Marketing Tips for 2023

(Left to right: Chiqui Escareal-Go, Sam Christopher Lim, Emilio Macasaet III, Josiah Go) 

Last November 29, 2022, National Book Store and the Shangri-La Mall sponsored a talk and book signing event featuring four bestselling business authors who gave marketing tips for 2023. 

Marketing Anthropologist Chiqui Escareal-Go focused on how consumer behaviors can be quite unpredictable, being both rational and irrational; with the constant being how people are hardwired, no matter what stage in evolution – to avoid pain and seek pleasure. Helping consumers make an easy and clear choice – for example, in brand, promo or price management, is key. 

1. Think brand relevance before brand differentiation. Many consumers have already changed buying habits during the pandemic so it is important to capture their new and evolving preferences. For instance, consumers have gotten used to the convenience of online payments and deliveries during the pandemic. They are still willing to pay for that convenience post pandemic, or in fact, it has become their default.

2. Think surplus in pricing strategy (i.e., the difference of perceived value and price) to help consumers feel they are getting their money’s worth. The additional volume can lead to more profit so long as there is economies of scale so watch acquisition cost as well. The sequence of product feature priorities may change so be aware if additional bells and whistles can really provide value in product specifications. For example, consumers have been increasingly switching to generic medicines versus branded ones that have been priced too prohibitively.

3. Think of excitement creators (like new products or new promos that can also build the brand) to justify emotional hesitation to buy. For instance, Bounty launched a buy 1 – take 1 promo for their new Hei Hei chicken burger launch. 

4. Think of adjusting packaging size that may attract lost customers back to be category users, instead of just lowering price. Instead of not buying, some consumers may settle for less consumption in the meantime. For instance, Coke’s different packaging sizes (like Coke Sakto).

Franchising specialist Sam Christopher Lim shared five tips using the SHIFT acronym to understand the changing franchising and marketing landscape.  

1. S – Scalability – This is about a renewed push and focus to create business models that can scale using franchising to enter new cities and even countries tapping other people’s money, time and talent. For instance, Bang Bang Bangus started only in 2020, but now has 100 stores in just two years. Potato Corner sustained its business through international operations, expanding in Singapore, Thailand, Australia, Canada and more.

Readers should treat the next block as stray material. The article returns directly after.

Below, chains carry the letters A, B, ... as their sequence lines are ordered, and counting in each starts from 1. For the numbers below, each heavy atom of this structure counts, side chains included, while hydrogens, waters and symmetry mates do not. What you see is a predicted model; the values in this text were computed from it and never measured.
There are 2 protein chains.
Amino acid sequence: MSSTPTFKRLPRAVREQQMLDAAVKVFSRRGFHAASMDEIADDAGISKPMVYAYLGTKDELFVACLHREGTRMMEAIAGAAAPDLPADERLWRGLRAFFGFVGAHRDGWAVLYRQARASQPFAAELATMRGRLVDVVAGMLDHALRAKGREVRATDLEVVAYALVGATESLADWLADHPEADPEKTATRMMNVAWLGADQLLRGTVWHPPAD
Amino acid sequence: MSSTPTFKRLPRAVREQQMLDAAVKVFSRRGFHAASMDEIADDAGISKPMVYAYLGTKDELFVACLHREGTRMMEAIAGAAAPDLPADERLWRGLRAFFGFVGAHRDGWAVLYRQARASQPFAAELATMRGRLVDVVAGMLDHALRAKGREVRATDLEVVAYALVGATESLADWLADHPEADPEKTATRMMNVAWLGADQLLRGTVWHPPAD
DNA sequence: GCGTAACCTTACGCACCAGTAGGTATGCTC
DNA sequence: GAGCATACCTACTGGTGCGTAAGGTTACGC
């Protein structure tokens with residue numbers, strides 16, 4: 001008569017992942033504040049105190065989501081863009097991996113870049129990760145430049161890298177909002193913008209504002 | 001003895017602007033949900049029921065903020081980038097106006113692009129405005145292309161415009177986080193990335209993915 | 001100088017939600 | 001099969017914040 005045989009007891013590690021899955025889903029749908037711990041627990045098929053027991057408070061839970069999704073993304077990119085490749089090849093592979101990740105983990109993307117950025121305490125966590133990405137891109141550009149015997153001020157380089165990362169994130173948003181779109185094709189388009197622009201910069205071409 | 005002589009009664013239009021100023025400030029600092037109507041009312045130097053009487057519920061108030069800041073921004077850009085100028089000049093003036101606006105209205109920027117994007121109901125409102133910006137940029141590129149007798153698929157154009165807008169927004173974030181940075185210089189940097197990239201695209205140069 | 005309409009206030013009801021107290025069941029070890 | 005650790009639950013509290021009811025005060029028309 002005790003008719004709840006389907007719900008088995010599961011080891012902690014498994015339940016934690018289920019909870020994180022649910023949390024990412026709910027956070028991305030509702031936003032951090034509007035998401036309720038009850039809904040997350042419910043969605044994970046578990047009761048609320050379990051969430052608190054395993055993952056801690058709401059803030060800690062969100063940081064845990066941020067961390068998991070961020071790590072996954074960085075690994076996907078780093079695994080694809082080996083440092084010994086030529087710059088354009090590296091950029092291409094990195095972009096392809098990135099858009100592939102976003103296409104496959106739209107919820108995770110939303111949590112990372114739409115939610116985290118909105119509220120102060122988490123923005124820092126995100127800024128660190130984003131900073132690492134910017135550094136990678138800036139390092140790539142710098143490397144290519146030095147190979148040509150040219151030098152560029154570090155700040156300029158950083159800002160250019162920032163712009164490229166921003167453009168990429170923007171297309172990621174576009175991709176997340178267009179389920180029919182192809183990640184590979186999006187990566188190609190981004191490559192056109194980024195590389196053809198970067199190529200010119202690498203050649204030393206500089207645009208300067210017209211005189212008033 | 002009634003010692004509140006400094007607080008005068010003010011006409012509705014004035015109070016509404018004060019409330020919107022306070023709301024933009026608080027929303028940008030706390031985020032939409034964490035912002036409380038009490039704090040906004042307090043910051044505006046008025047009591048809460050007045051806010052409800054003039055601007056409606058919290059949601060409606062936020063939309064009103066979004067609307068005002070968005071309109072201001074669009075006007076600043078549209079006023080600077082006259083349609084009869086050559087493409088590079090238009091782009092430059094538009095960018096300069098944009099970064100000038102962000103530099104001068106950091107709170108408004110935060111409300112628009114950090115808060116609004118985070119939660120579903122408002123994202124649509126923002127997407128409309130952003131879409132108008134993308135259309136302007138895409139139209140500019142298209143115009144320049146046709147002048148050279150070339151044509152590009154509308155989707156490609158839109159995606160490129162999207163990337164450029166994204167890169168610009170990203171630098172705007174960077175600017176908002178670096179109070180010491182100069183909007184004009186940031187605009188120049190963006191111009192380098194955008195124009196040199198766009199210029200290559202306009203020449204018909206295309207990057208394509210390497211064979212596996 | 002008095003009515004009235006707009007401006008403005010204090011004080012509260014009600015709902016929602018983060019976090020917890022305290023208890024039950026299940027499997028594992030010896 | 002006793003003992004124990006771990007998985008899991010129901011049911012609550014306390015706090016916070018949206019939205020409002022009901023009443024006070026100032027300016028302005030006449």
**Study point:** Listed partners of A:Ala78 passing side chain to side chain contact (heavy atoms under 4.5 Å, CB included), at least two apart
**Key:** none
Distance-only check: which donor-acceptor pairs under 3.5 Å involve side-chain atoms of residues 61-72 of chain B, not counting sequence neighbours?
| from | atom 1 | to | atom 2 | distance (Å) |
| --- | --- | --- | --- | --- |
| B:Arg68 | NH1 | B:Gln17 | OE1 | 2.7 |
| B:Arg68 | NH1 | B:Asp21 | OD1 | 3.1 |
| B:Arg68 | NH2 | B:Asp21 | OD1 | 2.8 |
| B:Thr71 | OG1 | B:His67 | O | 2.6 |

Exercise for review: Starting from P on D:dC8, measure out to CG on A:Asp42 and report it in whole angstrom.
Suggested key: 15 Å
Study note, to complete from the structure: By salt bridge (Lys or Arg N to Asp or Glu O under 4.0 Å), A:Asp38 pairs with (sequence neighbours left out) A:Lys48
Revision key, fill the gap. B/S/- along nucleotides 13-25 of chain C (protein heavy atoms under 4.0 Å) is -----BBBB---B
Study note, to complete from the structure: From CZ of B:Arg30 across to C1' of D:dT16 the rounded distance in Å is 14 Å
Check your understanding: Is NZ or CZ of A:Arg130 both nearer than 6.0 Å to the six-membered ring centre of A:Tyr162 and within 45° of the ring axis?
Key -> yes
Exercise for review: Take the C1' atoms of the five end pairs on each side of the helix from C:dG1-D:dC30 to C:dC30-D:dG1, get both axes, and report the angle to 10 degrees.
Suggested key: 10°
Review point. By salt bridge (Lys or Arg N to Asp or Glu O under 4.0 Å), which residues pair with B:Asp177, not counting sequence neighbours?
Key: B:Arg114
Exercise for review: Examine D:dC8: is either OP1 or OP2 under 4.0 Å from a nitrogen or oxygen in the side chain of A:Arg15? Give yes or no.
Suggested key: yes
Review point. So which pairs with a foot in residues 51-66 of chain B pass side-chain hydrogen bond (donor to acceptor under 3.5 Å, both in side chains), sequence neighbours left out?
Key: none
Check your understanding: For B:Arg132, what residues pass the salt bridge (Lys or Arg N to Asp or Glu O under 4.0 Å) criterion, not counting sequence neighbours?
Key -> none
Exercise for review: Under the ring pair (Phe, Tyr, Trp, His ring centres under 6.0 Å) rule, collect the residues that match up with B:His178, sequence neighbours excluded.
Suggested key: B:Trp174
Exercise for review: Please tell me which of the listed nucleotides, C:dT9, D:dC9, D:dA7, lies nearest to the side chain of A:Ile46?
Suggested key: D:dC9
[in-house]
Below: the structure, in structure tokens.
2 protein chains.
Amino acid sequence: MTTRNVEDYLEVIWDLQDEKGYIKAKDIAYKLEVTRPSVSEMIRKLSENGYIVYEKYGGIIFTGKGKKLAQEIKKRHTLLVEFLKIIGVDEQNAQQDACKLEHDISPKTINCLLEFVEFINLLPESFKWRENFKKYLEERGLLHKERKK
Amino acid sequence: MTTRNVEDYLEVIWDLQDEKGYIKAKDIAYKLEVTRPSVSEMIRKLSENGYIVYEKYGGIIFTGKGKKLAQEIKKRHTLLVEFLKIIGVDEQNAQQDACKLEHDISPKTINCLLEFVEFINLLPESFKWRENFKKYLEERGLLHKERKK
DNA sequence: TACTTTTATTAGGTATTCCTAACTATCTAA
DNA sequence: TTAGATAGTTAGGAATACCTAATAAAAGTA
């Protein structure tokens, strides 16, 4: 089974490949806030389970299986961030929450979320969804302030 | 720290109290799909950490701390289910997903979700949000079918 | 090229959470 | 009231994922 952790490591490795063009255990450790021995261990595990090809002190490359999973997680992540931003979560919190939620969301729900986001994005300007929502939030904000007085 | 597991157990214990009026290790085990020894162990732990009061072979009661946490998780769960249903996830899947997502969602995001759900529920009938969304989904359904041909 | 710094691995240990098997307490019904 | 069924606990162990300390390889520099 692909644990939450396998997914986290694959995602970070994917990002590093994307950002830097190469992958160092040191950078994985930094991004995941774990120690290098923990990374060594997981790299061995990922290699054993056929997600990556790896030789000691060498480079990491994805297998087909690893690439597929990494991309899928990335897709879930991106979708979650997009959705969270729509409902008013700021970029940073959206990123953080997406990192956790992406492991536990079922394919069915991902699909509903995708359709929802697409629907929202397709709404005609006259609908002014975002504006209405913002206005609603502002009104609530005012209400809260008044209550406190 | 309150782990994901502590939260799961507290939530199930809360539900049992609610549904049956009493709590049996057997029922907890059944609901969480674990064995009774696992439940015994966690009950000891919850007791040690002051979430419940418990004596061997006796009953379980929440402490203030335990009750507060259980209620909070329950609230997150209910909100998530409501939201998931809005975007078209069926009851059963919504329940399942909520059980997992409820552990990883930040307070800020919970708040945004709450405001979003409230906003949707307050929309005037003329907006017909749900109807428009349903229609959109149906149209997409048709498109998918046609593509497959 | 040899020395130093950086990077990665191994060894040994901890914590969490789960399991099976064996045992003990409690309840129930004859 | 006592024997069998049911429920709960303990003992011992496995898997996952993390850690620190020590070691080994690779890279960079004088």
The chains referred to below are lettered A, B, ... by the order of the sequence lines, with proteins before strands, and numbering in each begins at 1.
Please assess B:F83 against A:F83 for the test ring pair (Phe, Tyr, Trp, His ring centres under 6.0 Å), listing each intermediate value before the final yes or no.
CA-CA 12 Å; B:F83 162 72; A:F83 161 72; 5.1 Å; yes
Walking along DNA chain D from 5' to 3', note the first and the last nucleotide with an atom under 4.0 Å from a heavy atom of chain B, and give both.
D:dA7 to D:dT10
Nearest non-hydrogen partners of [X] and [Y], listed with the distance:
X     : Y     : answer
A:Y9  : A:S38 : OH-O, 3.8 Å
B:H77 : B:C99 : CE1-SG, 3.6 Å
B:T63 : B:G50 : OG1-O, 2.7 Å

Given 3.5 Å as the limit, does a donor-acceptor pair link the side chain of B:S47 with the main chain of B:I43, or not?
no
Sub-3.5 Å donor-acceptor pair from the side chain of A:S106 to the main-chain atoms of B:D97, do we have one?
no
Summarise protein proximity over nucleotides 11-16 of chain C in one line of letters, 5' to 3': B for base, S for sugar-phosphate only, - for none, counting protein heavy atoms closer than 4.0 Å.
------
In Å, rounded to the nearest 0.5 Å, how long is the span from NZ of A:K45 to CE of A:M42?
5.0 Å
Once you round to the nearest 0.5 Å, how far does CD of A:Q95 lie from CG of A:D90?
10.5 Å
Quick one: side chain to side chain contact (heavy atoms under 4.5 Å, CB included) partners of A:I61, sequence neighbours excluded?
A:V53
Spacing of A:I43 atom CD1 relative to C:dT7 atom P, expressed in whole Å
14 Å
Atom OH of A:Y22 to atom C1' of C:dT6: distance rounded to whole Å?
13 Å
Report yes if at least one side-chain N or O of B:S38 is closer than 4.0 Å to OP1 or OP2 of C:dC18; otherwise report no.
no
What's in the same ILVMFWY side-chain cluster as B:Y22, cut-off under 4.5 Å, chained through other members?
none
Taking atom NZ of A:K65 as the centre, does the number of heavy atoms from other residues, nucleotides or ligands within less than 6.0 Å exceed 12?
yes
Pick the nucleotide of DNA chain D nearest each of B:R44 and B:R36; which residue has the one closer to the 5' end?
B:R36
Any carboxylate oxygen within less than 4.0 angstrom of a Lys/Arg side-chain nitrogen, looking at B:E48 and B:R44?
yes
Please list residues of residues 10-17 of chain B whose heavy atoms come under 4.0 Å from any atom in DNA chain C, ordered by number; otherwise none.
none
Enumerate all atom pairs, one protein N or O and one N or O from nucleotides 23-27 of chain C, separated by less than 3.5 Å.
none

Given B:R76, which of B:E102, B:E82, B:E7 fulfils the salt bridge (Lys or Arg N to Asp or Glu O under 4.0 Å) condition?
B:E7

2. H – Hyperlocal – Go to where the customers are, and make it easy for them to shop. The White Plains area has developed a drive-thru area with Krispy Kreme, Yellow Cab and Turks Shawarma. Other brands created stores on wheels, community stores and even cloud kitchens in new and specific areas to service the market and to test new concepts out.

3. I – Innovation thru collaboration – intensified collaboration or co-branding among the franchise brands has been happening . Examples are Moon Leaf and Potato Corner, Shakey’s and R&B Milk Tea, The Lost Bread and Arce Ice Cream. Even Max’s various brands now share common kitchens and delivery services. 

4. F – Flexibility (handling Fear of Commitment) – This means not locking the customers in – making it easy for them to change their minds with more options they can combine and add.  Consider flexible working as a start. For instance, airlines/hotels giving ease of rebooking and free cancellations. Brands can offer more generous return policies, and price guarantees. There are also more “slashers”  in the field  such as Lawyer/Blogger, Writer/Blogger, or more options such as Nomadism vs Owning (leasing cars, renting instead of owning).

5. T – Time – Convenience is a priority over loyalty. Consider Tap Cards (used internationally) and the ease of its payment, communication and shopping channels.  It touchless technology that makes customers feel safe while shopping in physical stores.